In the mobile market, there's no shortage of stocks to choose from. Device makers, chipmakers, and software companies abound. And while they may differ in varying degrees, there's one rule all of them live and die by: Innovation is key.
At the end of the day, a big red flag should go up for mobile investors who don't see their companies setting new trends (or at least following them closely) or putting out new products that change the status quo. The idea is straightforward enough, but some of the biggest and best mobile companies have failed to live by it, and a few have paid dearly.
Lack of innovation
To lay out the case for how mobile companies miss the innovation mark, we need to look no further than how competitors reacted to Apple's (NASDAQ:AAPL) first iPhone.
Back in 2007, then Microsoft (NASDAQ:MSFT) CEO Steve Ballmer laughed at Apple's first iPhone, couldn't get past its $500 price tag, and said it wasn't a very good "email machine" because it didn't have a keyboard. Now, just over seven years later, Apple is the top smartphone vendor in the world.
Meanwhile, Microsoft continues to stumble through the smartphone space with just 2.8% of the worldwide mobile OS market share. The company is showing some slight signs of turning its mobile strategy around, but it's been a very long time coming.
Similarly, RIM's (now called BlackBerry) co-CEO Jim Balsillie said of the first iPhone that, "in terms of a sort of a sea-change for BlackBerry, I would think that's overstating it." At the time, he had reason to be confident. When the iPhone debuted, BlackBerry's software held the No. 3 spot for worldwide mobile OS market share, behind Nokia's Symbian and Windows Mobile. But lack of innovation and underestimating the competition crippled BlackBerry, leaving the company on the fringes of the mobile market today.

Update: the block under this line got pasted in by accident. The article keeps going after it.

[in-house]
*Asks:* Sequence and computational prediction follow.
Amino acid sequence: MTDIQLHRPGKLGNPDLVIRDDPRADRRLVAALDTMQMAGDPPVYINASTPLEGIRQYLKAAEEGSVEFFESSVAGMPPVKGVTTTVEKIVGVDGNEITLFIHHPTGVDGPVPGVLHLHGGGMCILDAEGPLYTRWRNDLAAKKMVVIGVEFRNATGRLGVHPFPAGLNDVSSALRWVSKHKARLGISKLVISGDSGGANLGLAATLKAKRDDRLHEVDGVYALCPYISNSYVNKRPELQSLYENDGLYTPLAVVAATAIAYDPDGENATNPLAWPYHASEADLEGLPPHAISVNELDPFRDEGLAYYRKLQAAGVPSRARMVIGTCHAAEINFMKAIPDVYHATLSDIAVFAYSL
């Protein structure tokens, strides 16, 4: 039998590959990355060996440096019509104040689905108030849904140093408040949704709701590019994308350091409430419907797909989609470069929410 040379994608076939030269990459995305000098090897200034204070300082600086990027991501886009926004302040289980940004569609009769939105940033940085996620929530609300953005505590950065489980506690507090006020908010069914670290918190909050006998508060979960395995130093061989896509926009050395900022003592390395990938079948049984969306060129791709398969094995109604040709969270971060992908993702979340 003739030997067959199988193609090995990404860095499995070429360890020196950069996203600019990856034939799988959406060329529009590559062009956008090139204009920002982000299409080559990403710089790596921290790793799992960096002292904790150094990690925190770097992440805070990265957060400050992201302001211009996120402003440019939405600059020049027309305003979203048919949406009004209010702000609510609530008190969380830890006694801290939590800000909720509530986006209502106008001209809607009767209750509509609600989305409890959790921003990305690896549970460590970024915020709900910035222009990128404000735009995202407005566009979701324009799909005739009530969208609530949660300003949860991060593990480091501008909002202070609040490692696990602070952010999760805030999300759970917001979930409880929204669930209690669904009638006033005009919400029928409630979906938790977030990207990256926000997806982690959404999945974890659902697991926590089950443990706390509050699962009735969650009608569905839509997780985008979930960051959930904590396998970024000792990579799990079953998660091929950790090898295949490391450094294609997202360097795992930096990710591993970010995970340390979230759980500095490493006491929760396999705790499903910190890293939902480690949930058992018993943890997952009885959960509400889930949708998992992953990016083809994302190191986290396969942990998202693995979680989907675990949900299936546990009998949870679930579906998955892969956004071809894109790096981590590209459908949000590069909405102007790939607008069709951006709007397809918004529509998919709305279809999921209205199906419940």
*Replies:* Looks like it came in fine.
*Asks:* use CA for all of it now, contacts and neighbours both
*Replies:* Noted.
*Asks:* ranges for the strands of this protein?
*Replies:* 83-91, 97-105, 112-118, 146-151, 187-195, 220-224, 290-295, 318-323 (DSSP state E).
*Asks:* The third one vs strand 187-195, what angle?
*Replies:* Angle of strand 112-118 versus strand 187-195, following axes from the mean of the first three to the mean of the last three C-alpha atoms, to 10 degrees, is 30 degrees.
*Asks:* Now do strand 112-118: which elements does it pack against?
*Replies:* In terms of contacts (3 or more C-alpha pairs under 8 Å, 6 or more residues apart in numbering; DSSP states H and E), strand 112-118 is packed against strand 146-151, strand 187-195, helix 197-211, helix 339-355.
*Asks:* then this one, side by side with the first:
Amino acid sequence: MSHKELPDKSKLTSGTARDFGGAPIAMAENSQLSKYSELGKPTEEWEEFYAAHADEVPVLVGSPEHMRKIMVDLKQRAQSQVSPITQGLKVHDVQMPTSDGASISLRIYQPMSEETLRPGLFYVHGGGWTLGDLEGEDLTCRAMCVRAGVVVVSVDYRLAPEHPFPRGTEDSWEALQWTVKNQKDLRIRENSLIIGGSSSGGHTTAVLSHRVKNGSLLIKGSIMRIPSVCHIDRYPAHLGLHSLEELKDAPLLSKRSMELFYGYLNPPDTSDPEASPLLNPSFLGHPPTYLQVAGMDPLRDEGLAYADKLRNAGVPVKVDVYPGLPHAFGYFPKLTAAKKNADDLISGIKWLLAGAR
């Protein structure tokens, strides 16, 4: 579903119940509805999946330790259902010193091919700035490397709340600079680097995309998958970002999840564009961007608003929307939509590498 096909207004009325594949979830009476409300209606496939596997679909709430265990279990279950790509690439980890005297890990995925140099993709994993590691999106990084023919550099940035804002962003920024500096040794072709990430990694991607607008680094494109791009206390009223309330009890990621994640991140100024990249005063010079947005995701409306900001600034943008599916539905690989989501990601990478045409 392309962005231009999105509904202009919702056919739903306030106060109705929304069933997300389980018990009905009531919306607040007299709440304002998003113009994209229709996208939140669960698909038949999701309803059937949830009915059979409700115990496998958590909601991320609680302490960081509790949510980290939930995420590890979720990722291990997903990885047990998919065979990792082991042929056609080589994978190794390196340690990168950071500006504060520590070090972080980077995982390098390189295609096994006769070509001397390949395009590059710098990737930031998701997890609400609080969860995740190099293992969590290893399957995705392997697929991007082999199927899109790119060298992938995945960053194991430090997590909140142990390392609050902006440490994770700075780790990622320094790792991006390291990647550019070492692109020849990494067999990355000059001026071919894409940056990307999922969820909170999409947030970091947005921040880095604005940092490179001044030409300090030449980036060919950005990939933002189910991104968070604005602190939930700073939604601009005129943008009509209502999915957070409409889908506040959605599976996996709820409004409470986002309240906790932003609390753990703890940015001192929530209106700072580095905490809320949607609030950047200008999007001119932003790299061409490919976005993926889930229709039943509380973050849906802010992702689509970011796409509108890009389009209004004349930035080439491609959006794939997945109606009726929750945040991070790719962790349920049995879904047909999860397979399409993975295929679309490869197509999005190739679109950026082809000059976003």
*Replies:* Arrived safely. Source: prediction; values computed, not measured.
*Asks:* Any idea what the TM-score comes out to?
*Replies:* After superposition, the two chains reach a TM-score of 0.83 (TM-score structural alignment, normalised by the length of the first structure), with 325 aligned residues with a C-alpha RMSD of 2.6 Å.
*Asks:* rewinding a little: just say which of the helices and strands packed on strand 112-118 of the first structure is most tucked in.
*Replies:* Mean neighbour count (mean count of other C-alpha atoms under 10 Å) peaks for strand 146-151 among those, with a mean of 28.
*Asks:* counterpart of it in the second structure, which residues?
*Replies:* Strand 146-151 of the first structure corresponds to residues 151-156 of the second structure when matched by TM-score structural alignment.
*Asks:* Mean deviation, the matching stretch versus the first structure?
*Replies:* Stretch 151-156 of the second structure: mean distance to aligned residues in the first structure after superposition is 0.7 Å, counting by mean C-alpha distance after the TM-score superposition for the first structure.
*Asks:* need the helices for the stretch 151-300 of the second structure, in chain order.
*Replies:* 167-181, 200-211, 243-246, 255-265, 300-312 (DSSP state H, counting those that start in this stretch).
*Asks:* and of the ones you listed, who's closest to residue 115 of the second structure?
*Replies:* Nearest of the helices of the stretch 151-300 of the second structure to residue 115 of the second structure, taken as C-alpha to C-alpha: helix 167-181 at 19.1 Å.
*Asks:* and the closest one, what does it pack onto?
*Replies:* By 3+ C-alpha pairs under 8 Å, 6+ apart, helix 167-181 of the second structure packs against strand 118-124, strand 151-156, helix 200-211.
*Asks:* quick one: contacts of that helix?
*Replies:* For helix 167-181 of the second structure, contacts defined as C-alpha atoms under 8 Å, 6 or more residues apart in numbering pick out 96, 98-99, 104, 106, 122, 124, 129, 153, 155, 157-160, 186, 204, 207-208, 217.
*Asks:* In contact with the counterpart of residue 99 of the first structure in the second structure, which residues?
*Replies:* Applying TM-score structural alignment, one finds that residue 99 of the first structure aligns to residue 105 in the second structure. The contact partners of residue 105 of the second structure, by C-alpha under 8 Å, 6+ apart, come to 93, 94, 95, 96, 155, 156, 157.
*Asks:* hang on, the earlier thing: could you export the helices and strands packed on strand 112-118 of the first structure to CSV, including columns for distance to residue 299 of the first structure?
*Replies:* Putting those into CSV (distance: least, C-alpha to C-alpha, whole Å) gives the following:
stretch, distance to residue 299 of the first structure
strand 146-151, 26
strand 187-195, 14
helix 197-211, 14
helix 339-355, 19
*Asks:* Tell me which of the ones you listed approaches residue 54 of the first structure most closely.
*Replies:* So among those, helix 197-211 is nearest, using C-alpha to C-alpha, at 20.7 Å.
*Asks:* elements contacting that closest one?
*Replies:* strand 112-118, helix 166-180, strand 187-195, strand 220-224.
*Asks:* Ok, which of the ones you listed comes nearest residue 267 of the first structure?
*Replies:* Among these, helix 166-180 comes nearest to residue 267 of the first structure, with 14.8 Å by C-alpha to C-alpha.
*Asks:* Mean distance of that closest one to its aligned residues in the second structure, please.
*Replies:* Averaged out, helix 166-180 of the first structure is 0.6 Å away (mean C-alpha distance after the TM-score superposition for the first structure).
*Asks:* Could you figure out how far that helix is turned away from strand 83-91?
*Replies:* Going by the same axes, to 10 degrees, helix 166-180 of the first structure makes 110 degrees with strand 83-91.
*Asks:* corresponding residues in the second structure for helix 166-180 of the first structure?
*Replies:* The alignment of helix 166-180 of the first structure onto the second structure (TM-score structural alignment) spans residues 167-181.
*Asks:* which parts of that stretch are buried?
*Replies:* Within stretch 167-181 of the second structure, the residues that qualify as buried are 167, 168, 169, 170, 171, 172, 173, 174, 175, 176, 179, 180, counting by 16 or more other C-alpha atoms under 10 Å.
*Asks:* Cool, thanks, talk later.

And of course, longtime mobile giant Nokia held 41% of worldwide mobile phone market same year Apple's phone debuted. Then in 2013, Nokia sold its beleaguered mobile division to Microsoft for $7.2 billion, proving that yet another former mobile giant failed to adapt to increasing smartphone innovations.
No company is immune
Less than a year ago, the web put out plenty of articles about Apple losing its ability to innovate. But since then, the company, and its stock price, has quieted most of the critics. As ridiculous as it may sound now, even Apple, with its best-selling iPhone, strong PC sales growth, a new smartwatch, and $740 billion market cap could still fail to innovate in the future, and lose its mobile footing.
That's because companies much smaller and more nimble are fighting to get to the top. Case in point is China-based Xiaomi. The company makes mid-range smartphones and tablets for much less than Apple's devices, and it's experiencing huge growth. While Xiaomi's only holds the No. 5 spot for worldwide smartphone sales right now, its overall percentage of sales jumped from 2% in Q4 2013 to 5.1% in just one year.
Gartner analyst Roberta Cozza said in a report this month that, "Chinese vendors are no longer followers. They are producing higher quality devices with appealing new hardware features that can rival the more established players in the mobile phone market."
Of course, Xiaomi is nowhere near Apple's mobile dominance, but the company is a clear example of how new competitors can pop onto the scene and start grabbing market share very quickly.
That means mobile investors need to make sure the companies they're investing in aren't afraid of change. For years, Apple has willingly let its new products cannibalize its others for the sake of getting into new product categories (think of the iPhone stealing sales from the iPod and the iPad stealing sales from Macs).
For mobile companies to move forward, they have leave old technology -- no matter how good -- behind to make room for new innovations. Apple's still doing this, but if it ever stops, you can consider the red flag raised.
Chris Neiger has no position in any stocks mentioned. The Motley Fool recommends Apple. The Motley Fool owns shares of Apple. Try any of our Foolish newsletter services free for 30 days. We Fools may not all hold the same opinions, but we all believe that considering a diverse range of insights makes us better investors. The Motley Fool has a disclosure policy.